Bringing wines to the turkey table

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Bringing wines to the turkey table
 

If you are the lucky recipient of an invitation to someone’s home for Thanksgiving this year, please call your host immediately to tell him that you’ve got the wine covered. If he tries to refuse, tell him that this is your small way of giving thanks. After hosting Thanksgiving 2005 for eight people in my 300 square foot New York apartment with 3.25 inches of counter space (I measured it once in an “am-I-insane-for-having-offered-to-do-this” moment), I vowed that I would support hosts of Thanksgiving meal all over the country by disseminating this piece of advice. I love to cook, but Thanksgiving is a high-pressure meal that takes an inordinate amount of space, time, money and patience. When you’ve got one arm up the turkey and one arm whisking the lumps out of your gravy, you are more likely to want a stiff shot of bourbon in the seven minutes you have to sit down before everyone staggers to the couch. I don’t mean to sound resentful­—I really do love Thanksgiving, but sometimes it would be nice to linger over the meal a bit more with a lineup of well-paired wines brought, opened, and served by one of your guests. Here are some guidelines for this heroic offering.

You are in for a long day with a motley crew of guests and dishes, so consider starting your celebration with something less combustible than cocktails. A bottle of bubbles split over eight glasses is enough to ignite the palate without igniting your Uncle Buck. The acidity and carbonation in sparklers are the perfect foil to the ridiculously decadent starters that precede the most ridiculously decadent meal of the year. Cheese straws, deviled eggs and pigs in a blanket with a sparkling Gamay? I can already see the nightmares of Thanksgivings past fading into history.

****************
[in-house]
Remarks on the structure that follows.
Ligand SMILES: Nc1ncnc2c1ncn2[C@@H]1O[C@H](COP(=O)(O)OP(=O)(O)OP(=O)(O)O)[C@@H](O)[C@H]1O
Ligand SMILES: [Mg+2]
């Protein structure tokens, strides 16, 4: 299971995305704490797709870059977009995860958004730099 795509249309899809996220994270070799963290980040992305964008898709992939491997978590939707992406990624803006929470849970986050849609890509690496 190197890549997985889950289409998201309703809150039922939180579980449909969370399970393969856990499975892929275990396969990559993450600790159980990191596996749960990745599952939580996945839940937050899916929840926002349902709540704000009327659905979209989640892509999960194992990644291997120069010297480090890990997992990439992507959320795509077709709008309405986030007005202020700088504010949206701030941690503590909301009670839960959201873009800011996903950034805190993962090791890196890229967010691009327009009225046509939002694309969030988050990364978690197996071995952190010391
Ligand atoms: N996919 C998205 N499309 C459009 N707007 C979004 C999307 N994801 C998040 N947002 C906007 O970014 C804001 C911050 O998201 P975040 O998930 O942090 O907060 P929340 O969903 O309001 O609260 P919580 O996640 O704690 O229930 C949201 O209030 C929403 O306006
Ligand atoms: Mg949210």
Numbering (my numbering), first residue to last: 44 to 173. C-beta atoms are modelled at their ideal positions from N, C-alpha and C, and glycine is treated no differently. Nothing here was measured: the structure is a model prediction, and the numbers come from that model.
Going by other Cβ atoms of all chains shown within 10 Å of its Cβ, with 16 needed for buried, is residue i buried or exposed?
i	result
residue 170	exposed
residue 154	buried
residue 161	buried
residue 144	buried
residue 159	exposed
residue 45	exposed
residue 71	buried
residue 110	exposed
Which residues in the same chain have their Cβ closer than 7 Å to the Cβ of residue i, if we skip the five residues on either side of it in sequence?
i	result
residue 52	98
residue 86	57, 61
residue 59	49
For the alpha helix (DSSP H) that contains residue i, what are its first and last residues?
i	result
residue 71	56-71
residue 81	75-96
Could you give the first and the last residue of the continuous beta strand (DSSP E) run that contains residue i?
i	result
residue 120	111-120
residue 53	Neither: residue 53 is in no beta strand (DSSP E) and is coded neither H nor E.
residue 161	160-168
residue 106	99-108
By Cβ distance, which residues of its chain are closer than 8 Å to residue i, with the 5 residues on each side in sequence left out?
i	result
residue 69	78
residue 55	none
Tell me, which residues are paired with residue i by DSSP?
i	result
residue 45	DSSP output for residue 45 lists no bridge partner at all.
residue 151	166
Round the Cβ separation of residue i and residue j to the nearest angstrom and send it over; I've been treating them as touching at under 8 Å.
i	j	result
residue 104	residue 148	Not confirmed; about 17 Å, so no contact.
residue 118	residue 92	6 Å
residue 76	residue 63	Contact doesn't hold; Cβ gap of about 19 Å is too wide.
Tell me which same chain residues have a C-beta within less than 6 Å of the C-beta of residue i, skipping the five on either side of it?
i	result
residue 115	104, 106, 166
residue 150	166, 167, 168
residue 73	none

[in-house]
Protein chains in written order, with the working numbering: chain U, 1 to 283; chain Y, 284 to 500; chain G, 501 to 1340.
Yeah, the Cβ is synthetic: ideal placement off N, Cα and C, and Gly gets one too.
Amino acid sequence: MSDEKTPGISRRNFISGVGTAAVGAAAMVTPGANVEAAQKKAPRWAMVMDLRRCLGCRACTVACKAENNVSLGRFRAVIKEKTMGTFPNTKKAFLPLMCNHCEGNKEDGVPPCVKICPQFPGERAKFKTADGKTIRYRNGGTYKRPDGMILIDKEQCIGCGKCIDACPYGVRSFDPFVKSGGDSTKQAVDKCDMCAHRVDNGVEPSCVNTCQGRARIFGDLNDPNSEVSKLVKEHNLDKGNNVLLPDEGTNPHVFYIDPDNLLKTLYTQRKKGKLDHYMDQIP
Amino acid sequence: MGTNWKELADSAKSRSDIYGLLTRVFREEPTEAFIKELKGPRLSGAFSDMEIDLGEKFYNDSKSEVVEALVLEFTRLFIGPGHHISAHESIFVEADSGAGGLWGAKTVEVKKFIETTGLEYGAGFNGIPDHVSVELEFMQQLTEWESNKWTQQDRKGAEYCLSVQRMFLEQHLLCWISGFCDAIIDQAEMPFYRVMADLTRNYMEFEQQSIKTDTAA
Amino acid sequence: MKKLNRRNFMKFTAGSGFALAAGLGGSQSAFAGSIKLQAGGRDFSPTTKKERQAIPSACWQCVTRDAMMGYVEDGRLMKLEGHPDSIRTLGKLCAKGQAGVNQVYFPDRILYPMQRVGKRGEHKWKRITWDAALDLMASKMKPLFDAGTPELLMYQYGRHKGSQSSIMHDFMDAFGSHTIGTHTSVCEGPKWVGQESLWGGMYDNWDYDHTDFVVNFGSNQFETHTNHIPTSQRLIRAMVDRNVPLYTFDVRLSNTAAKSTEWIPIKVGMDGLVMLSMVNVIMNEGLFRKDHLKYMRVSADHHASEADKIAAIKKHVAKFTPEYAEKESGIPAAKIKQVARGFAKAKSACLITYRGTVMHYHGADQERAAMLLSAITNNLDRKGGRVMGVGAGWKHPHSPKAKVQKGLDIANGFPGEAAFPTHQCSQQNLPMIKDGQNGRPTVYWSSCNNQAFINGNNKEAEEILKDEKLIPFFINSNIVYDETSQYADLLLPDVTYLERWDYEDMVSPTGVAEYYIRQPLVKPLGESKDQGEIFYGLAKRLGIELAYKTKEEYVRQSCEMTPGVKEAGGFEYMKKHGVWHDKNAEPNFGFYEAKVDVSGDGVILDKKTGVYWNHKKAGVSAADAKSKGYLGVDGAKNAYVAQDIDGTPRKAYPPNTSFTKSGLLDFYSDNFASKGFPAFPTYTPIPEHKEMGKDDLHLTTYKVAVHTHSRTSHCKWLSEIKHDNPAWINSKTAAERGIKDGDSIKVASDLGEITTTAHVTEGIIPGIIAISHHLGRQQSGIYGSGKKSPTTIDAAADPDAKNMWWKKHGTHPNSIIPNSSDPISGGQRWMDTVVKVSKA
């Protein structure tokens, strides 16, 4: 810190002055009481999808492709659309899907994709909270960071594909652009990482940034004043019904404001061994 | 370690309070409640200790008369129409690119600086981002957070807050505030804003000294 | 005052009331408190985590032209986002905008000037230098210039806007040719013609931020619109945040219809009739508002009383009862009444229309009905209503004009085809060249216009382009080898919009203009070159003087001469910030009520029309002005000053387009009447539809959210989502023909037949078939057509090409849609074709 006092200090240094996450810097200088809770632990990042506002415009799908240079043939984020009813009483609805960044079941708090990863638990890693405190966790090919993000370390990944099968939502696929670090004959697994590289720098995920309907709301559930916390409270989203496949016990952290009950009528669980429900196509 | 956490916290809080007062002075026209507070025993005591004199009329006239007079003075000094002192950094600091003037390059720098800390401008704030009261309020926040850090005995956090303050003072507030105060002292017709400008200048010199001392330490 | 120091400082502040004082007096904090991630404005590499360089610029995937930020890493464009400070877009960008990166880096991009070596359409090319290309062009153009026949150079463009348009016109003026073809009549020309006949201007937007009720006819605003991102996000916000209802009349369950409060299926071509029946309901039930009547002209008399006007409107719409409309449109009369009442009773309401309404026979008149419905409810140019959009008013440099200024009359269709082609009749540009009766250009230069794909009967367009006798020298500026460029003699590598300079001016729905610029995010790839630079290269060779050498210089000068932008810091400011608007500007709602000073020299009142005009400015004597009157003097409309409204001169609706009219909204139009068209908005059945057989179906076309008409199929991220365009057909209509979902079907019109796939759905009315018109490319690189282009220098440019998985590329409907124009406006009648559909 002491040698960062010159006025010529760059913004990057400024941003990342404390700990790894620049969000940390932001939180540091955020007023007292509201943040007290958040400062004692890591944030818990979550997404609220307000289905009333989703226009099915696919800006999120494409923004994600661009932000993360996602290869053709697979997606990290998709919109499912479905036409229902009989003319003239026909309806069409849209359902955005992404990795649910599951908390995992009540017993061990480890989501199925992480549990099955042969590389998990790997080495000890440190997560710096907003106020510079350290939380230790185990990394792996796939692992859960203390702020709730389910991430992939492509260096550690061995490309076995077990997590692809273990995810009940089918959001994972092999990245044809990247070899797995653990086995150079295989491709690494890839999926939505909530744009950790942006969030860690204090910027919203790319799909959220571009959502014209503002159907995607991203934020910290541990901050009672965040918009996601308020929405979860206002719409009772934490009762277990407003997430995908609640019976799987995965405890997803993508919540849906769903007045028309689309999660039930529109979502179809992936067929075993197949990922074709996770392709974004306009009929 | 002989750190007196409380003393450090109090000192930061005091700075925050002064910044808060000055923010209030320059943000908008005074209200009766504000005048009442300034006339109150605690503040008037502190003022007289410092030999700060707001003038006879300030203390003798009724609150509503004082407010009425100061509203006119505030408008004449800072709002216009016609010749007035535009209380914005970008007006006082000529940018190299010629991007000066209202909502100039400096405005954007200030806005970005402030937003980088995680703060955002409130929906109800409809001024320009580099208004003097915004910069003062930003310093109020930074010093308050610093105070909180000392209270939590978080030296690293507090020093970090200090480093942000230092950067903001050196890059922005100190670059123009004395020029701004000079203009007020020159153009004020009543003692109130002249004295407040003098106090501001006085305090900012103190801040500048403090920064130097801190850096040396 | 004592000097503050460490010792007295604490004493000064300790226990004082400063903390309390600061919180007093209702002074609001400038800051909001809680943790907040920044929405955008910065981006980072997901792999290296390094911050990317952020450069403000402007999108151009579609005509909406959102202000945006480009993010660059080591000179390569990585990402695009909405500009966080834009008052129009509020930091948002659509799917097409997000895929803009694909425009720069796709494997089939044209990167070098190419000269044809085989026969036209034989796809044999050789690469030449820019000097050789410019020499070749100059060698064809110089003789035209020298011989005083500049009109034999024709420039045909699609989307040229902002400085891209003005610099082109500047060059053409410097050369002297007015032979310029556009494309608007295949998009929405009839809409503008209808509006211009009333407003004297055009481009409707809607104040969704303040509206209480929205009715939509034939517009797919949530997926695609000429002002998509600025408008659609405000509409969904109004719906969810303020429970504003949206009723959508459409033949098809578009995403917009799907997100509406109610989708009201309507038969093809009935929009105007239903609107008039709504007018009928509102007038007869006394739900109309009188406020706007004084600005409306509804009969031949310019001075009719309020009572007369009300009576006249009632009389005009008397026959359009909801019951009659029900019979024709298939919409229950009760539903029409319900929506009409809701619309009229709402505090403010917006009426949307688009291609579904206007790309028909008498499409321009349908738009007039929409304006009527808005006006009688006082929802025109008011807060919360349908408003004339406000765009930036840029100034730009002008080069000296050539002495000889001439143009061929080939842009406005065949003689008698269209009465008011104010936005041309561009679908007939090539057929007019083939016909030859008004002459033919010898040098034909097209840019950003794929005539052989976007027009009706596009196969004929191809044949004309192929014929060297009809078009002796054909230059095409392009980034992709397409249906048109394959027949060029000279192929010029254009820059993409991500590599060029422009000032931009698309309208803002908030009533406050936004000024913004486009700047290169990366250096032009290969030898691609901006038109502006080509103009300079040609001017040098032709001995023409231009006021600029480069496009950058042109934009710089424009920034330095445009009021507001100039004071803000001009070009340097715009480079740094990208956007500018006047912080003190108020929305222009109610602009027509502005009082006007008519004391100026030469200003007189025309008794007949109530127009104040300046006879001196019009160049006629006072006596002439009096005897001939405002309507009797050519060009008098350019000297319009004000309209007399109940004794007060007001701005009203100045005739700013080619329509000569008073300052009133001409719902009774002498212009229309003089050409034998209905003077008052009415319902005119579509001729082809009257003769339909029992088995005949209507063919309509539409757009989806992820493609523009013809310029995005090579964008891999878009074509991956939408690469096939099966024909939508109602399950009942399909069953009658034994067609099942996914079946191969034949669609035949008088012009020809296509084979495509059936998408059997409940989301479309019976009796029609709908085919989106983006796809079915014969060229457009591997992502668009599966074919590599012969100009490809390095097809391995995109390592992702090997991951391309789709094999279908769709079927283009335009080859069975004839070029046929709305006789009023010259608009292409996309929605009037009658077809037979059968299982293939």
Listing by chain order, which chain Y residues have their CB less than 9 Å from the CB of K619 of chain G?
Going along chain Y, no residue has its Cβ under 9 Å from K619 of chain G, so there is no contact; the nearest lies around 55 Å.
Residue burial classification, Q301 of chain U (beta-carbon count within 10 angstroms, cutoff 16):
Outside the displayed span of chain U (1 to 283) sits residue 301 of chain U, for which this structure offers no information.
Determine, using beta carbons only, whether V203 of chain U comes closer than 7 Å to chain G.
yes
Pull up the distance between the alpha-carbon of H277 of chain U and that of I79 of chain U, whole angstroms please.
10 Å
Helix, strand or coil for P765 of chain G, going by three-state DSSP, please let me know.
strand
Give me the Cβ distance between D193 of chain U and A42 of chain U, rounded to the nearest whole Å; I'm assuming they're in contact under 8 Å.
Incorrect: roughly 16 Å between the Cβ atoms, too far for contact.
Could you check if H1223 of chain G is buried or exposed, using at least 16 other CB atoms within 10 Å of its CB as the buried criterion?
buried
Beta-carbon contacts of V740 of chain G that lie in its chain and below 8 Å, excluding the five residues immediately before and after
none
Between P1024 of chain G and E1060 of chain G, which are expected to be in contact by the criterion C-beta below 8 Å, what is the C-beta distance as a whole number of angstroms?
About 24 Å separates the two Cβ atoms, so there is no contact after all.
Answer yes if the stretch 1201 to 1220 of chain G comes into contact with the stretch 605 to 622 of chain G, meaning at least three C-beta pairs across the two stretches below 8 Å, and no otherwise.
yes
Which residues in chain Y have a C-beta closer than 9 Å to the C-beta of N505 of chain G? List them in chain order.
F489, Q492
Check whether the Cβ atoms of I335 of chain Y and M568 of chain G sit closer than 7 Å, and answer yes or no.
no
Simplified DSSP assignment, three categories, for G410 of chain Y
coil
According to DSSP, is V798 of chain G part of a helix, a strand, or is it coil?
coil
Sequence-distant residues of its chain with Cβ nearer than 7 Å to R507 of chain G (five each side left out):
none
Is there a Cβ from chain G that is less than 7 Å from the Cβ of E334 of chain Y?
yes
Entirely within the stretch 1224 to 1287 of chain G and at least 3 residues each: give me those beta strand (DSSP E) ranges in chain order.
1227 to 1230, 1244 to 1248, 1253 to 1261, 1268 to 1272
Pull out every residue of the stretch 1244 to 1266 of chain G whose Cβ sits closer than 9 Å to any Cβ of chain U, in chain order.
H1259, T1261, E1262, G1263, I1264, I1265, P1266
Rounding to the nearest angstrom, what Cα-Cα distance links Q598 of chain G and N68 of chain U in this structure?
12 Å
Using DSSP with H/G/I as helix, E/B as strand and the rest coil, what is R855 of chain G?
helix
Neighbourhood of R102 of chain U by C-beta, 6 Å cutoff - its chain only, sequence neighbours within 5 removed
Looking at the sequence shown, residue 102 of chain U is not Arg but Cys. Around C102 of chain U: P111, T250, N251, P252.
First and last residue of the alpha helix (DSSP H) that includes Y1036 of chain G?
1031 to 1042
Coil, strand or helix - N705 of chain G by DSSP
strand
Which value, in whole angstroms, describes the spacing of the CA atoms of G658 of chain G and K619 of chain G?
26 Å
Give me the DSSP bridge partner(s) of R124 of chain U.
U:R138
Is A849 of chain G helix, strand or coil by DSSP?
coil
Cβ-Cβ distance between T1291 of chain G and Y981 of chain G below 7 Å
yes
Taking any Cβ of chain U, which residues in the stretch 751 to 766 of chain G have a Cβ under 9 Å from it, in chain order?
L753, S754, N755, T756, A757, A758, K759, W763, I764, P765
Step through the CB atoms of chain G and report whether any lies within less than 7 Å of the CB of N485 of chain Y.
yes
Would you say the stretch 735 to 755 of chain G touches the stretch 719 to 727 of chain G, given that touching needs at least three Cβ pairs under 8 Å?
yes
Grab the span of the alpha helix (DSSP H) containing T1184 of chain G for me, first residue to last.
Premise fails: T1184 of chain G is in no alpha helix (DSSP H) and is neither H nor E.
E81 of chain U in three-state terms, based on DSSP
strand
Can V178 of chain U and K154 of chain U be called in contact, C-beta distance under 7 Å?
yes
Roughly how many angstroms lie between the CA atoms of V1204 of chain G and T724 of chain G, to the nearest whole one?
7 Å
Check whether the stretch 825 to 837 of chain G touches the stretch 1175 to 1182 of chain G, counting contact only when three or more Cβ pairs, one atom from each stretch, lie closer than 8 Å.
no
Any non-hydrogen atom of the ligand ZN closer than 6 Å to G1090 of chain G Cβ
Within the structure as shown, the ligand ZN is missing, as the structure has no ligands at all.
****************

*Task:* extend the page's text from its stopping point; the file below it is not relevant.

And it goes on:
Since most Thanksgiving meals are served as a buffet rather than in courses, consider presenting a white and a red at the same time to please those who prefer one or the other—or a little of each. Look to un-oaked aromatic whites from Alsace and Germany, like Pinot Gris, Gewürztraminer, Viognier and Riesling. Their balance of acidity, residual sugar and zestiness complements the sweet, salty, and pickled pilings on your plate. Same rationale goes for the reds: Syrah, Zinfandel, Pinot Noir and Gamay are your best bets because they are ripe, spicy and mellow enough to go with the cranberry-orange relish and the roasted brussels sprouts with pancetta. This would be the time to loosen your belt a notch or two.

FOUR WAYS TO DRINK THANKFULLY

Domaine Rondeau Bugey-Cerdon NV. Basic Necessities. $18.99

Domaine Zind-Humbrecht Gewürztraminer 2007. Market Street Wineshop Downtown. $25.99

Leo Hillinger Pinot Noir “Eveline” 2005. Greenwood Country Store. $19.99

Foggy Ridge Cider Pippin Gold 2008. Feast! $25.95

For dessert, even if you all take a siesta (or a walk) before bellying up to the table again, think about a warmed hard cider, a Sherry, or a Vin Santo. All have the right sweet-to-acid ratio so that they can cozy up to apple crumble, pecan pie, or pumpkin pie without sending you into a hyperglycemic meltdown—even with a scoop of ice cream on top. 

Bring these wines to show gratitude to your host and to life, as there are few things more blessed than good food and good wine shared with people that you love. It may well be more food and drink than one person should consume in a day, but at least you can blame the turkey after you pass out next to Uncle Buck.

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